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Ditch the Switch (Daylight Savings Time)

Updated: Mar 15

Nasma Ibrahim, Staff Writer


Photo//Pexels, Krivec Ales


As we set our clocks forward on Sunday, many of us experienced the subtle disruption that comes with shifting to daylight savings time. While the concept was introduced hundreds of years ago with the goal of conserving energy, its relevance in the modern era has sparked political and medical debates on whether we should keep the biannual practice of changing our clocks.


While it is unknown who originally invented daylight savings time, its purpose is to use more natural light, rather than lighting, in turn, energy resources. In the summer, the sun comes out earlier, but many people are not awake to take advantage of this. Pushing the clock forward allows more daylight during the evenings. 


This practice was put in place in 1916, starting in Germany, and reached the U.S. in 1918. Daylight savings time was then repealed the following year, but most states kept the practice. 


Daylight savings time should be ditched. If you woke up feeling groggy and tired on Monday, it was not just you. While only an hour of sleep was lost, studies show that the Monday after “springing forward” is associated with higher rates of car accidents and workplace accidents, along with risks of heart attacks. The practice itself is also annoying.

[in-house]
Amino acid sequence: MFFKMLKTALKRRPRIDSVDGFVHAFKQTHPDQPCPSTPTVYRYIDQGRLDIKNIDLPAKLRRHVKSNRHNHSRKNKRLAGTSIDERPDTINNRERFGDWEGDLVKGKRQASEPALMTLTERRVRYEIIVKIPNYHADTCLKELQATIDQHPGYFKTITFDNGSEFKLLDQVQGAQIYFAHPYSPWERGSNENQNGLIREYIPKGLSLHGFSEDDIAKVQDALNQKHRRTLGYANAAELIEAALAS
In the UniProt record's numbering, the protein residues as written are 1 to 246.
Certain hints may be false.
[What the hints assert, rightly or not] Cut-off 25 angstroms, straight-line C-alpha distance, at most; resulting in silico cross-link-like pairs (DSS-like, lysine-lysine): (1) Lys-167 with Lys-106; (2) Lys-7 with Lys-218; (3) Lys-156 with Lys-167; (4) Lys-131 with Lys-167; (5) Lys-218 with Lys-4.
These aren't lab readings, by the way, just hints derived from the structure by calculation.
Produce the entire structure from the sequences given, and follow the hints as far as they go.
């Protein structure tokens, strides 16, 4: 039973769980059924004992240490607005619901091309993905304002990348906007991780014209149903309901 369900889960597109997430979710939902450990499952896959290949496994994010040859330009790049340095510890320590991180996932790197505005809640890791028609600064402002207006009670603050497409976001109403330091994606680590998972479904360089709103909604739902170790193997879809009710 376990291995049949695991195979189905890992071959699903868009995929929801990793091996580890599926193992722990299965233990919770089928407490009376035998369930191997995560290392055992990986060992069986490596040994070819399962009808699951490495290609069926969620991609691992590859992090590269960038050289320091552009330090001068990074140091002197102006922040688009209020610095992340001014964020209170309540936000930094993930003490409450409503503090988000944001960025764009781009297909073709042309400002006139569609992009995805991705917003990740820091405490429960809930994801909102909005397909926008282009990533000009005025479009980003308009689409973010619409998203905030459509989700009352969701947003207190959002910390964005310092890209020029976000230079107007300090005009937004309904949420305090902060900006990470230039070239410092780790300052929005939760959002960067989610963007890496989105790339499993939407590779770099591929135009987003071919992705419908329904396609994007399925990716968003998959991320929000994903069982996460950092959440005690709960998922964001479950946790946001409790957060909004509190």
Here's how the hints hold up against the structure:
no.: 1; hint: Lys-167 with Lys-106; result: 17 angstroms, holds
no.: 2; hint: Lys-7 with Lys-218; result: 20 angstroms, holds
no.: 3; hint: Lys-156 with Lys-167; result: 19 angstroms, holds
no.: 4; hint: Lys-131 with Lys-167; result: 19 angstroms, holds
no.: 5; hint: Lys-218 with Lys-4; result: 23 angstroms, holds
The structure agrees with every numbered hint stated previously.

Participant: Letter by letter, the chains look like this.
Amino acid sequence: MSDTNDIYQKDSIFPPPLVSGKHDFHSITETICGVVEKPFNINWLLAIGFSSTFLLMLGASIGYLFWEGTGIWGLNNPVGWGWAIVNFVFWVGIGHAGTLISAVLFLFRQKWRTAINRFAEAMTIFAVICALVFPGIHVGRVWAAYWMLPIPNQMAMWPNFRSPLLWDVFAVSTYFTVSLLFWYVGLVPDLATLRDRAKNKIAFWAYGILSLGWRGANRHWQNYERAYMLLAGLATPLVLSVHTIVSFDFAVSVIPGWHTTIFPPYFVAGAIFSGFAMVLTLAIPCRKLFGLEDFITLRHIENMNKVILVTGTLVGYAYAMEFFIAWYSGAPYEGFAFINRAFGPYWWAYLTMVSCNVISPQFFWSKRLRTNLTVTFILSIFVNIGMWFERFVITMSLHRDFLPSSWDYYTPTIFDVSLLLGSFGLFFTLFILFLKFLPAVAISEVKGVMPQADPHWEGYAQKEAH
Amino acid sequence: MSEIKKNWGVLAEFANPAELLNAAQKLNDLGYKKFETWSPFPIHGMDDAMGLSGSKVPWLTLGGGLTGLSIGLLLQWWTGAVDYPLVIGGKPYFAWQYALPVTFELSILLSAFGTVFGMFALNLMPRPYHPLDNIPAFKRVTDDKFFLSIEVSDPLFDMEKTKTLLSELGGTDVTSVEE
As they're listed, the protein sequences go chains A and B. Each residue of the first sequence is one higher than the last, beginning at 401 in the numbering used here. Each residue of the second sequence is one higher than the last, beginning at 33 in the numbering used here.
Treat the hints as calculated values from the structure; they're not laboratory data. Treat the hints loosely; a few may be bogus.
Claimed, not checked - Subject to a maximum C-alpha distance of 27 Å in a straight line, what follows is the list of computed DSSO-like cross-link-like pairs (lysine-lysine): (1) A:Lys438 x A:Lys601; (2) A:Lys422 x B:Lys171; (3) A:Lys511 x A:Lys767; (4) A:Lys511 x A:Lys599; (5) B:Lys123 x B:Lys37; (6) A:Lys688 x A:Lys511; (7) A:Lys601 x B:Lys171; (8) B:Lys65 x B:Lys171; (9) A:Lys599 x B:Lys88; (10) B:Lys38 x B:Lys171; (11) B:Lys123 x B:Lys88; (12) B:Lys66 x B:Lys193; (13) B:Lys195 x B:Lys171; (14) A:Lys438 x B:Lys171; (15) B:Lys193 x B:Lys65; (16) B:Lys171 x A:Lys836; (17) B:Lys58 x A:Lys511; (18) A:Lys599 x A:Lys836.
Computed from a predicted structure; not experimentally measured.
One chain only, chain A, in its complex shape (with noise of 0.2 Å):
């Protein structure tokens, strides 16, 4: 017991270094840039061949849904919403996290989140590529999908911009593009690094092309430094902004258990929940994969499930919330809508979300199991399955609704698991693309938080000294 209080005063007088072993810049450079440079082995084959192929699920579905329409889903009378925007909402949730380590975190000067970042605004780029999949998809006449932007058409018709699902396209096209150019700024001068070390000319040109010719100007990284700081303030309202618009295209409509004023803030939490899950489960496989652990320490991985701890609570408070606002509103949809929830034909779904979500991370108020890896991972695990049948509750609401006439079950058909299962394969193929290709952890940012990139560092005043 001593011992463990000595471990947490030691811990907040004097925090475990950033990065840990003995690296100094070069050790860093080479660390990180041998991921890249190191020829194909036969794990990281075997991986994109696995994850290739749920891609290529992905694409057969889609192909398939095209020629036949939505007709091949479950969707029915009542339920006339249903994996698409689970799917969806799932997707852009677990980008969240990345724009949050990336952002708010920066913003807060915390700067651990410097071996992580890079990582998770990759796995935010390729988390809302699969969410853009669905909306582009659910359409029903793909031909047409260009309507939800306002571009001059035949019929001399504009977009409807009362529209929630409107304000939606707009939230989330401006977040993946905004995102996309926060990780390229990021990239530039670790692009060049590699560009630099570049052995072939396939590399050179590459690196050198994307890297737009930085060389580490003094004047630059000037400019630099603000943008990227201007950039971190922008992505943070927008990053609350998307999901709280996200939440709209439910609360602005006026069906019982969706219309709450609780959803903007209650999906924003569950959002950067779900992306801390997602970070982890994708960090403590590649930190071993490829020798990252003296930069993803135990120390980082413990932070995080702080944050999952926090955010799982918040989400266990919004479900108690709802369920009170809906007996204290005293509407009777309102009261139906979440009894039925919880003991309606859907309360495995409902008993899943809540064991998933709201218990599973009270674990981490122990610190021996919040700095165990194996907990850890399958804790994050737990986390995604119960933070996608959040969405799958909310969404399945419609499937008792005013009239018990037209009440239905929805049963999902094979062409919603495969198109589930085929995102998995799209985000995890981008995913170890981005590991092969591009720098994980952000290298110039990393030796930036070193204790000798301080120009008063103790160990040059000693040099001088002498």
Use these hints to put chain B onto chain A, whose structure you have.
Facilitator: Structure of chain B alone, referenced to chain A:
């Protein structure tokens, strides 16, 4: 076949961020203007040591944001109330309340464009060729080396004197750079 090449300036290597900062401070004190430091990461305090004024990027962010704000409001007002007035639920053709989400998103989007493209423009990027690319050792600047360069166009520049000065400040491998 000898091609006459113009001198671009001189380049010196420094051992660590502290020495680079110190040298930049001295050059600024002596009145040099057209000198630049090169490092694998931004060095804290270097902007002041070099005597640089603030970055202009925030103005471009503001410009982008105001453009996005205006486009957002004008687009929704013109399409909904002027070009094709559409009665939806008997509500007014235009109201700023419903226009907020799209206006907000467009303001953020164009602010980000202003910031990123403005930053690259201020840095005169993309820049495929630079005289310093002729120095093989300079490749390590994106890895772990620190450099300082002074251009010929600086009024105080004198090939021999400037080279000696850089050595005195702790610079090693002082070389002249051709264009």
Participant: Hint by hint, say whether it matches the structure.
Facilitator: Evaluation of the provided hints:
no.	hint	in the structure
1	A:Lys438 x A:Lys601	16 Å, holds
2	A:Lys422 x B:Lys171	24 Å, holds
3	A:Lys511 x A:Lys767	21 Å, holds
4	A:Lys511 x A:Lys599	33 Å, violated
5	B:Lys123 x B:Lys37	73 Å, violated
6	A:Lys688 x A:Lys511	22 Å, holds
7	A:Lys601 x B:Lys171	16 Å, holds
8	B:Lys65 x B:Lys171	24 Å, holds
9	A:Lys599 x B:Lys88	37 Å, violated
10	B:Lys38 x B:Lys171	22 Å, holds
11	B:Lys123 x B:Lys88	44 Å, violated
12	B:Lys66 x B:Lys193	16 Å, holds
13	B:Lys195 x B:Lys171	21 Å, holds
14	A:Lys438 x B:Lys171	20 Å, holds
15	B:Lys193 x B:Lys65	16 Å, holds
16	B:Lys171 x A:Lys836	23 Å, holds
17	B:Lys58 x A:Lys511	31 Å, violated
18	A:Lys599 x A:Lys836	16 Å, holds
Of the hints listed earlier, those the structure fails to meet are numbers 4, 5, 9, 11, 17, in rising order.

While many of us have clocks that correct themselves, there will always be older clocks that have to be manually adjusted, which is inconvenient. 


The Sunshine Protection Act was introduced in January 2021 to make daylight savings time the new permanent standard time, but it failed to get through the House. This Act passing would get rid of this outdated practice. 


Our days are no longer governed by the rising and falling of the sun, as it was in the past. Today, we have electricity that allows us to drive at night, lamps to read in the dark, and ways to work and stay active after the sun goes down. 


By ditching the changing of our clocks, a new decision has to be made: daylight savings time or standard time. Many health experts say that standard time is healthier for sleep. It also allows for more daylight for those who get up late, but dark mornings for people heading to work or school. 


Personally, I’m in favor of daylight savings time because of the late sunsets and the chance to see daylight when leaving class in the afternoon. Which time setting do you prefer, daylight savings or standard time?

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